Much would have turned out differently, had she been born a boy. Her dominant manner, her impulsive nature and her musical and artistic gifts made her stand out from her brothers even as a child – if she had been a boy, her pre-eminence among them would surely have been undisputed. Her ‘bad luck’, so to speak, was to have come into the world as a girl. Her grandfather Richard Wagner had in his day regarded his son Siegfried as the sole guarantor of the survival of his legacy, and Siegfried’s birth had prompted an overwhelming sense of joy such as...

  9. Chapter 2 The noisy child 1924 to 1931
    (pp. 20-34)

    Wahnfried meant home. Siegfried and Winifred spent time with the children whenever they were in Bayreuth, though they were often absent, travelling. Breakfast and lunch were eaten together and at 4pm there was afternoon tea, which was an extended ceremony following the custom of the English upper classes. Siegfried was good-natured and indulgent and, since he was barely involved in the upbringing of his children, he found Friedelind’s cheekiness amusing, whereas Winifred’s concern was to tame her rebellious daughter. Friedelind possessed a penetrating voice and knew how to use it, which soon brought her the nickname ‘Krachlaute’ (literally, ‘racket’). Her...

  10. Chapter 3 ‘She should learn to cope with drudgery.’ At boarding school 1931 to 1935
    (pp. 35-53)

    ‘I want to do half an hour of maths with Maus. It’s urgent because of the schoolwork she’s facing. She simply doesn’t want to. But after a strenuous exchange I leave the field as victor (which is quite something when you’re up against Maus) and we plod through it for three quarters of an hour.¹ According to her governess Lieselotte Schmidt, Friedelind either didn’t do her homework at all, or ‘at best, five minutes before the deadline’. These problems could be overcome, as in this case. But what really bothered Friedelind so much about school was the manner in which...

  11. Chapter 4 ‘Impudent, endearing and witty.’ Friedelind and her aunts 1936 to 1937
    (pp. 54-73)

    In her teenage years Friedelind enjoyed an especially close relationship with her aunt Daniela Thode, the first daughter of Cosima’s marriage to Hans von Bϋlow. It was a friendship which continued into the years of Friedelind’s early adulthood. Daniela was generally regarded with some contempt as a fossilized old maid. But she was clever and spirited, even passionate. ‘She was continually exploding, wrecking everything about her, continually repenting and flagellating herself for her outbursts,’ recalled Friedelind.¹ Cosima had brought up Daniela firmly within the narrow bounds that were normal for girls at the time, so she had been unable to...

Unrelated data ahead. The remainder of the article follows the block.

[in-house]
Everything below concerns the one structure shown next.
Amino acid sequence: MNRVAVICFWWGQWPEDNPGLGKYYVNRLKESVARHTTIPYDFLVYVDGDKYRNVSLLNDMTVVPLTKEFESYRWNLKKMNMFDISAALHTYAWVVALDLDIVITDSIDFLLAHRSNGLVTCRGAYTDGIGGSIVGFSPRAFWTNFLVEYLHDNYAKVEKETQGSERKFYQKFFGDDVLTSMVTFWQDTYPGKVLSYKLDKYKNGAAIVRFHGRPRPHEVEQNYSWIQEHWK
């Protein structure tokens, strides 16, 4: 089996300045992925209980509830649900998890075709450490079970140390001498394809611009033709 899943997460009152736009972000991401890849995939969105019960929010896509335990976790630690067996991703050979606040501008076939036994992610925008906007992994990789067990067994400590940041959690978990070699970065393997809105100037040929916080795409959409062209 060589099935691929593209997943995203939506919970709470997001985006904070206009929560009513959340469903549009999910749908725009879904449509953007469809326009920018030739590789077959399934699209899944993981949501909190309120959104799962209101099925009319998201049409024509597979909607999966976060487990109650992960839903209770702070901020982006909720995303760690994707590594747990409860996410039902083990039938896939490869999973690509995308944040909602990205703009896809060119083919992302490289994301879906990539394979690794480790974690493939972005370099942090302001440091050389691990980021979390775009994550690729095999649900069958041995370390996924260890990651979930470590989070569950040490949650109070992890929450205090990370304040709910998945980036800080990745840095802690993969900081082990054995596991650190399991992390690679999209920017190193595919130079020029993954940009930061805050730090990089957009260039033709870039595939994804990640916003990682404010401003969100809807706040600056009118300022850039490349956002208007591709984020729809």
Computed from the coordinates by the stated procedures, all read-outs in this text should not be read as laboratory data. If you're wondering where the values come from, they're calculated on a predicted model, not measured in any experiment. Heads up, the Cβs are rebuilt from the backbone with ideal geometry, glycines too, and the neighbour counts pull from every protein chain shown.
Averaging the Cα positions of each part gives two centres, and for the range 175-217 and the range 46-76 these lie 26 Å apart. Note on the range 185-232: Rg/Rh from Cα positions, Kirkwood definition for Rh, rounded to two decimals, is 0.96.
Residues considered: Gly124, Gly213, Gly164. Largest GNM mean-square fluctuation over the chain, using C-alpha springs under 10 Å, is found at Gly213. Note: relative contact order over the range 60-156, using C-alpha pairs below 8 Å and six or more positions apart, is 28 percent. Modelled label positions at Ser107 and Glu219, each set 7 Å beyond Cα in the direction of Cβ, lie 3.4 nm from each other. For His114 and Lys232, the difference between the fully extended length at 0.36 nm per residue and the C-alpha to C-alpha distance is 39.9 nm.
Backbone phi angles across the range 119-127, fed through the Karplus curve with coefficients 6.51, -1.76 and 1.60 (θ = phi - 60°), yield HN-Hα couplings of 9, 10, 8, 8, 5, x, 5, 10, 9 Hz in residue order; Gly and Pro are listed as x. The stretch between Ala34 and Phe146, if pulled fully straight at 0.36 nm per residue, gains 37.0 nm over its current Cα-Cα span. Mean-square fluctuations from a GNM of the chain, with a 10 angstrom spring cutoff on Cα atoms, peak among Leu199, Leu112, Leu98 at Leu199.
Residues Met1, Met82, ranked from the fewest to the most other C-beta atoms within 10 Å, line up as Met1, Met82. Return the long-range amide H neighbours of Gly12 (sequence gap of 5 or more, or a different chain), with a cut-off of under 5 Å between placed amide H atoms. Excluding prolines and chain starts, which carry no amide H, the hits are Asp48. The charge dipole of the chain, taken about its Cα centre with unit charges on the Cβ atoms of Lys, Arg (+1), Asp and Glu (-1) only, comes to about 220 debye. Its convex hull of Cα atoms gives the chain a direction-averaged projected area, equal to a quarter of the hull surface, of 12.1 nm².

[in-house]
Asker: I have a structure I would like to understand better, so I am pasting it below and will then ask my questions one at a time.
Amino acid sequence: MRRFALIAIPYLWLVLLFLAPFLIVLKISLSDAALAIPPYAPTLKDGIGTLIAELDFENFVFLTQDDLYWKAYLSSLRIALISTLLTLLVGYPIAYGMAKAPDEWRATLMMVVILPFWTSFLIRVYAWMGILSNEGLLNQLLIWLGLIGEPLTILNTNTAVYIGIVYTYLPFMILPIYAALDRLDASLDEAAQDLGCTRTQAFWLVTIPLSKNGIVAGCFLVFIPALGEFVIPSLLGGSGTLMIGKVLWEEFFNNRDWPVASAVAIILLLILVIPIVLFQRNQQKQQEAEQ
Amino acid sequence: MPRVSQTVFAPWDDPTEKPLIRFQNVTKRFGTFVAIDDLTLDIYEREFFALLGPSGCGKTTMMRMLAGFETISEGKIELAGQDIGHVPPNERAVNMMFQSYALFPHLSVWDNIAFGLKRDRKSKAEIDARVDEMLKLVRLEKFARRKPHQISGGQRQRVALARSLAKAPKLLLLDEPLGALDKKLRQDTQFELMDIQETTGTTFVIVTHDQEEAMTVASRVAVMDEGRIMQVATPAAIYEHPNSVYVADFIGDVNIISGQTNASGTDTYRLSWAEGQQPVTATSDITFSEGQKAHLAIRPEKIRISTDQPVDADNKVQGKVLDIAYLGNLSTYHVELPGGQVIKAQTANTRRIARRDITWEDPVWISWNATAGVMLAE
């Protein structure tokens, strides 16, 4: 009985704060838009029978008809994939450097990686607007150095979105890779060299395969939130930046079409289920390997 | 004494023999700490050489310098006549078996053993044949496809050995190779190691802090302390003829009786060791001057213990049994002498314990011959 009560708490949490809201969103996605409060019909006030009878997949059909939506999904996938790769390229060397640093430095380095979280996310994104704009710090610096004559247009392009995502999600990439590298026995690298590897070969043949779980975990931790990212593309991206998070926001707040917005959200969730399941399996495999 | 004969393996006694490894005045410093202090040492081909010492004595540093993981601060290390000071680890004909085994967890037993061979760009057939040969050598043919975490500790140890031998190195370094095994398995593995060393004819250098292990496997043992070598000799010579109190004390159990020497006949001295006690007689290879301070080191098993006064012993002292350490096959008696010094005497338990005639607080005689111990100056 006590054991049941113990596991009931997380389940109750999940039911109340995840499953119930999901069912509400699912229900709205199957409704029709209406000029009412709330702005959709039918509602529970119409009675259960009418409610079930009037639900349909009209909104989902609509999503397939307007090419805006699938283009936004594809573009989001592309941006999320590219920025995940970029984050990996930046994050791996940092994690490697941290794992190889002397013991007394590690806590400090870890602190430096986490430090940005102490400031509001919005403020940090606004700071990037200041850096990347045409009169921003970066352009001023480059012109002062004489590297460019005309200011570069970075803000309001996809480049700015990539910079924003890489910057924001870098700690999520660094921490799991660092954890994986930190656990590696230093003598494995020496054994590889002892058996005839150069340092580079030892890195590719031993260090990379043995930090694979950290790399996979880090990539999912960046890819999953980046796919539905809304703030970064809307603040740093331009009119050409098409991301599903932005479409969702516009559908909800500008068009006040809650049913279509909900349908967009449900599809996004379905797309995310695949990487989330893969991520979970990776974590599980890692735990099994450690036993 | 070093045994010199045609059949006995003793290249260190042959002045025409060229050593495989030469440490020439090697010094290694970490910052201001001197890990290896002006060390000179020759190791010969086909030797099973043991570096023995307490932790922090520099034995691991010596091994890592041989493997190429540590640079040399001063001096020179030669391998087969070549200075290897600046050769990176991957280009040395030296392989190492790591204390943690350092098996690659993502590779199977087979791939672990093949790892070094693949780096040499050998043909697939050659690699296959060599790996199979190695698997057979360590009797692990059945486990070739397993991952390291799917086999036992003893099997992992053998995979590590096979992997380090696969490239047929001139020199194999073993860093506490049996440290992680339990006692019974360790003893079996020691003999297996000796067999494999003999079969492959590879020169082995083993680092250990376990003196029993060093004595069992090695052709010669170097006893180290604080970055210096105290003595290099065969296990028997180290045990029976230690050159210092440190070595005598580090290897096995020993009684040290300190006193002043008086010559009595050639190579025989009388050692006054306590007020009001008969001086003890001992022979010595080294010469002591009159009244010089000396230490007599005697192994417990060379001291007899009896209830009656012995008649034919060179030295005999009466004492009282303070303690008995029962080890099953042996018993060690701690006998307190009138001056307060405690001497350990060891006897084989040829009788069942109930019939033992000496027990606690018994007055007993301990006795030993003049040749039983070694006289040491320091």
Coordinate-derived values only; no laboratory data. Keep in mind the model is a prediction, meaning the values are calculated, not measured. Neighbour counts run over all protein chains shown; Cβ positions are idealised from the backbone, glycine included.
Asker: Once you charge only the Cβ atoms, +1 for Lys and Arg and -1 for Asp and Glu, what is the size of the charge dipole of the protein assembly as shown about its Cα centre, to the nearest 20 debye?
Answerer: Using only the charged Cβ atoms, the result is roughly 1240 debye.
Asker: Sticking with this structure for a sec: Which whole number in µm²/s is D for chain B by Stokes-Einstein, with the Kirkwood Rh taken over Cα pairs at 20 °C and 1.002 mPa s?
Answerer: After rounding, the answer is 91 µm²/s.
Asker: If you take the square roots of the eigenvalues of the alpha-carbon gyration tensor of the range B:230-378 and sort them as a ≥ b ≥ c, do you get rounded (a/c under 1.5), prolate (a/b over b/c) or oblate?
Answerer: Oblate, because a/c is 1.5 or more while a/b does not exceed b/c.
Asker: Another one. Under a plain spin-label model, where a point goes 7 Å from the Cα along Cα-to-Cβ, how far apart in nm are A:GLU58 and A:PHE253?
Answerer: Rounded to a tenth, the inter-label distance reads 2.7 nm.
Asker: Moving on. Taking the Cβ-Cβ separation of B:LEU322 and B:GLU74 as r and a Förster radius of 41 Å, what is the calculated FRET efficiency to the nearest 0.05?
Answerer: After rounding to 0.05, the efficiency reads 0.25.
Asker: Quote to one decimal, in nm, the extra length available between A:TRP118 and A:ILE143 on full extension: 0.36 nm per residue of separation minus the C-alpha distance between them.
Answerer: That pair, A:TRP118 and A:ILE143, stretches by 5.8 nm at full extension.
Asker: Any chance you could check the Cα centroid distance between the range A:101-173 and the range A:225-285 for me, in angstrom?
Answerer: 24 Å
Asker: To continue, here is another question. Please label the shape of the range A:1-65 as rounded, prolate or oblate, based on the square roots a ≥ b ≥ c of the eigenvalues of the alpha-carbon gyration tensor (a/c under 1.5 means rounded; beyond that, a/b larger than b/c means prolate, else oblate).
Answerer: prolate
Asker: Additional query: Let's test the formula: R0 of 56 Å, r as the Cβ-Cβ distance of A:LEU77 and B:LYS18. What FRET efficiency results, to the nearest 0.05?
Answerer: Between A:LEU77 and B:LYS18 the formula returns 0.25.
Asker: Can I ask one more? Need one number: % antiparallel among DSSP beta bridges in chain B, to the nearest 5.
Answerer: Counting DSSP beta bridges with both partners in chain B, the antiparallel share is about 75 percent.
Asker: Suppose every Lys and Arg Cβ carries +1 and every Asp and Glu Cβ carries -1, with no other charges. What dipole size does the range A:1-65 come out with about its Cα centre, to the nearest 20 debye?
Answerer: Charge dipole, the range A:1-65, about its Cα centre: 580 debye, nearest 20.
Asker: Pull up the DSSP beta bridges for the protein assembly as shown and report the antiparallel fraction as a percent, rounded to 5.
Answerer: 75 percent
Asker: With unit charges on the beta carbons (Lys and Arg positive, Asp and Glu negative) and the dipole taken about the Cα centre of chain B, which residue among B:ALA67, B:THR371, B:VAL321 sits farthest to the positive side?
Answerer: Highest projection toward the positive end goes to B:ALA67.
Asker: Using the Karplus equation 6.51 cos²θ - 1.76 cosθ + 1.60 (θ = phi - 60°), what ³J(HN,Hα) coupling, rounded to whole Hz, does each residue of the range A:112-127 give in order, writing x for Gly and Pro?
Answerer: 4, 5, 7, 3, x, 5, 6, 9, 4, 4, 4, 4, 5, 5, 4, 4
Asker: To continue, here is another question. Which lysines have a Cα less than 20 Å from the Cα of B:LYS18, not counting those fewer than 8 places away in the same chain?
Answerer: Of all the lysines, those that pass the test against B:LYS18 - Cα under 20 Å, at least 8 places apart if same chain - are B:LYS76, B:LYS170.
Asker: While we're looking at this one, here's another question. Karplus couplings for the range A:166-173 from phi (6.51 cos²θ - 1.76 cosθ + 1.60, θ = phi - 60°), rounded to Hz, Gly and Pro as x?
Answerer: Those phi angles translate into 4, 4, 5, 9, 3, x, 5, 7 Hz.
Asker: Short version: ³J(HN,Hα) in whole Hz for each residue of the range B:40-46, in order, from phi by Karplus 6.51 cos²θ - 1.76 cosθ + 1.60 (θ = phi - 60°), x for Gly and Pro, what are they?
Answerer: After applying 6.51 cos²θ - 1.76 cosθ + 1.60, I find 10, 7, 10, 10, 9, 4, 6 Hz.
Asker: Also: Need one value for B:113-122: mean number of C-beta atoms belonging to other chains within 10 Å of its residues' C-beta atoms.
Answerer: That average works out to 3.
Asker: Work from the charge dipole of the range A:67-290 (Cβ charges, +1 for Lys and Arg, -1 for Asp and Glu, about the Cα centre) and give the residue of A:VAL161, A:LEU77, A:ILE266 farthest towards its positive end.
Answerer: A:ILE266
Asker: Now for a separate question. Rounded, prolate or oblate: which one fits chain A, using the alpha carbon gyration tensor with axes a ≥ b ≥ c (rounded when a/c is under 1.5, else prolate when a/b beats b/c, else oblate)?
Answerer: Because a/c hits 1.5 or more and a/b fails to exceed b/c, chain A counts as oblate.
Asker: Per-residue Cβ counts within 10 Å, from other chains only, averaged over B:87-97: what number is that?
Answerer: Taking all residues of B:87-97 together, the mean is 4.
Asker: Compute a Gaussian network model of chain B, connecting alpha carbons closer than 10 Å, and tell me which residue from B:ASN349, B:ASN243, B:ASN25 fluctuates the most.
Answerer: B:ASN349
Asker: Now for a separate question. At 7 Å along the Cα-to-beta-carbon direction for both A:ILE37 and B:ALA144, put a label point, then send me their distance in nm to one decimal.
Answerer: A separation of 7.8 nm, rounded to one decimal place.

12. Chapter 5 ‘Is it German, what Hitler has done for you?’ 1938 to 1939
    (pp. 74-93)

    While Verena was lunching with Hitler on a trip to Berlin in January 1938, her sister was still in England. Far away from events in Germany, Friedelind was brimming with initiative and living on a generous 200 marks a month. Life was good.

    Winifred was glad to have enough hard currency to keep her uncomfortable daughter at arm’s length. ‘Every month in England is a relief to us. Geissmar says she is always there during office hours and helps her out a lot with correspondence. That’s a strange child! She won’t help Bayreuth and her mother, but she’ll do it...

  13. Chapter 6 ‘It’s precisely because I’m German that I’m not living in Germany’. The farewell 1940
    (pp. 94-109)